Grassmann's second law indicates that two lights or two stimuli may match in color appearance even though their spectral radiance (or power) distributions differ. This kind of condition is referred to as âmetamerismâ and the stimuli involved are called metamers. More precisely, metamers are color stimuli that have the same color appearance in hue, saturation, and brightness under a given illumination, but a different spectral composition. Metamers and color mixing are at the heart of CIE colorimetry. The CMFs that specify the human color stimulus derive from the metameric color matching by the fact that many colors are matched by additive mixtures of three properly selected primaries. This makes it possible for the tristimulus specifications of colors such as the one given in Eq. (1.1). Note that metamers of spectral colors are physically unattainable because they possess the highest intensity. To get around this problem, a primary is added to the reference side to lower the intensity so that the trial side can match. This is the reason that there are negative values in the original CMF, before transformation to have all positive values (see Section 1.4).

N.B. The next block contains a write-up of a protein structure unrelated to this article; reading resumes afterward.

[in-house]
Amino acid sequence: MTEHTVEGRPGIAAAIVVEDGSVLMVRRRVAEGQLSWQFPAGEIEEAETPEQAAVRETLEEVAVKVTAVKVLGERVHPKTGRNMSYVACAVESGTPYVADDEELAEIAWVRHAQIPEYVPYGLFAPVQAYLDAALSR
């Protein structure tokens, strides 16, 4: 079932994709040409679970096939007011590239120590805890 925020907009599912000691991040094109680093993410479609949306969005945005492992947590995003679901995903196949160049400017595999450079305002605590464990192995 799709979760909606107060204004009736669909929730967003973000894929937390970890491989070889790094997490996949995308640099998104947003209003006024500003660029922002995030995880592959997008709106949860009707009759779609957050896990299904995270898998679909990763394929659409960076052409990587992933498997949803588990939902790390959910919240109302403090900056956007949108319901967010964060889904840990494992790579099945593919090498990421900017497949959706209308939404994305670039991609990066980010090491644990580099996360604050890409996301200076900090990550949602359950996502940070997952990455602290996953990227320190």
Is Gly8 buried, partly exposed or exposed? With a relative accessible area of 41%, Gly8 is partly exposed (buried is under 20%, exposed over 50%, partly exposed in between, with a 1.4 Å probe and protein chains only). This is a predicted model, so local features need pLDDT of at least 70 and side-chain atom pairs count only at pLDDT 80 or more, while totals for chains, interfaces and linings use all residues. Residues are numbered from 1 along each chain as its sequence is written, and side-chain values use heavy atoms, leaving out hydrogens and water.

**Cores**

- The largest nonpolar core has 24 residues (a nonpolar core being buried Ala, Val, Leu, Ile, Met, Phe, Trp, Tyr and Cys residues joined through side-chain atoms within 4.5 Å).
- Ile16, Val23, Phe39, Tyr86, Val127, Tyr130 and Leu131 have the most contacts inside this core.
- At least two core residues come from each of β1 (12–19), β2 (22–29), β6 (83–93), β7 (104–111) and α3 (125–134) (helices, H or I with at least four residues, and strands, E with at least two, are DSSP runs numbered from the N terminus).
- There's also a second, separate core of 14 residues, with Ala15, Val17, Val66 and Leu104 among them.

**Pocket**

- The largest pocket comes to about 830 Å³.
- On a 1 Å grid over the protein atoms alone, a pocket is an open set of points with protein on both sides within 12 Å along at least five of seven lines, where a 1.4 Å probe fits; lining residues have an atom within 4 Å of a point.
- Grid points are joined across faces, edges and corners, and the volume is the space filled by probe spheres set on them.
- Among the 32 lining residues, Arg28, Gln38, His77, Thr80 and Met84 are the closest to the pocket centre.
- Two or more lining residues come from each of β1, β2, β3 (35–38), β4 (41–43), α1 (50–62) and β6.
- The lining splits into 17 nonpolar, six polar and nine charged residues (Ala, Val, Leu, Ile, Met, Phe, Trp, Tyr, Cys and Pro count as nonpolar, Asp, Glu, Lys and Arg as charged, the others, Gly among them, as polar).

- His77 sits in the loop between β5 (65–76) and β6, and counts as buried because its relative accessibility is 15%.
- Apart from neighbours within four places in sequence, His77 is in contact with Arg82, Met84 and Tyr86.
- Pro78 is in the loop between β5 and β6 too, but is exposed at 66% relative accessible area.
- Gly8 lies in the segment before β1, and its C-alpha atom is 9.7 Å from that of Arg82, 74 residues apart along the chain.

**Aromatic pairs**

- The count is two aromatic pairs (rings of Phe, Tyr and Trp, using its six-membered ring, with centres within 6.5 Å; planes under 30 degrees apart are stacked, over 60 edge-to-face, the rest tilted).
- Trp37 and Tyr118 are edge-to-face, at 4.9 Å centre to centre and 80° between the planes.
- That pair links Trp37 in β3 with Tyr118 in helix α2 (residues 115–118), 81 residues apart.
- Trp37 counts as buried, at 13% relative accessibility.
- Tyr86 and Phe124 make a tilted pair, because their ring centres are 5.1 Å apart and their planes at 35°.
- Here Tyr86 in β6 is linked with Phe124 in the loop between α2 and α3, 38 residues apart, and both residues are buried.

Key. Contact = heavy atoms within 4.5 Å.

This chapter presents the types of metameric matching, the vector-space representation of the metamerism, and Cohen's method of object spectrum decomposition into a fundamental color stimulus function and a metameric black, often referred to as the spectral decomposition theory or matrix R theory. In addition, several other metameric indices are also reported.
3.1 Types of Metameric Matching
A general description of the metameric match for a set of mutual metamers with Î·1(Î»), Î·2(Î»), Î·3(Î»), â¦, Î·m(Î») stimulus functions can be expressed as follows: â«Î⋅ 1 (Î»)x Â¯ (Î»)dÎ»=â«Î⋅ 2 (Î»)x Â¯ (Î»)dÎ»=â¦=â«n m (Î»)x Â¯ (Î»)dÎ»=X, â«Î⋅ 1 (Î»)y Â¯ (Î»)dÎ»=â«Î⋅ 2 (Î»)y Â¯ (Î»)dÎ»=â¦=â«n m (Î»)y Â¯ (Î»)dÎ»=Y, â«Î⋅ 1 (Î»)z Â¯ (Î»)dÎ»=â«Î⋅ 2 (Î»)z Â¯ (Î»)dÎ»=â¦=â«n m (Î»)z Â¯ (Î»)dÎ»=Z. For the convenience of the formulation, we drop the constant k as compared to Eq. (1.1), where the constant k is factored into function Î·.
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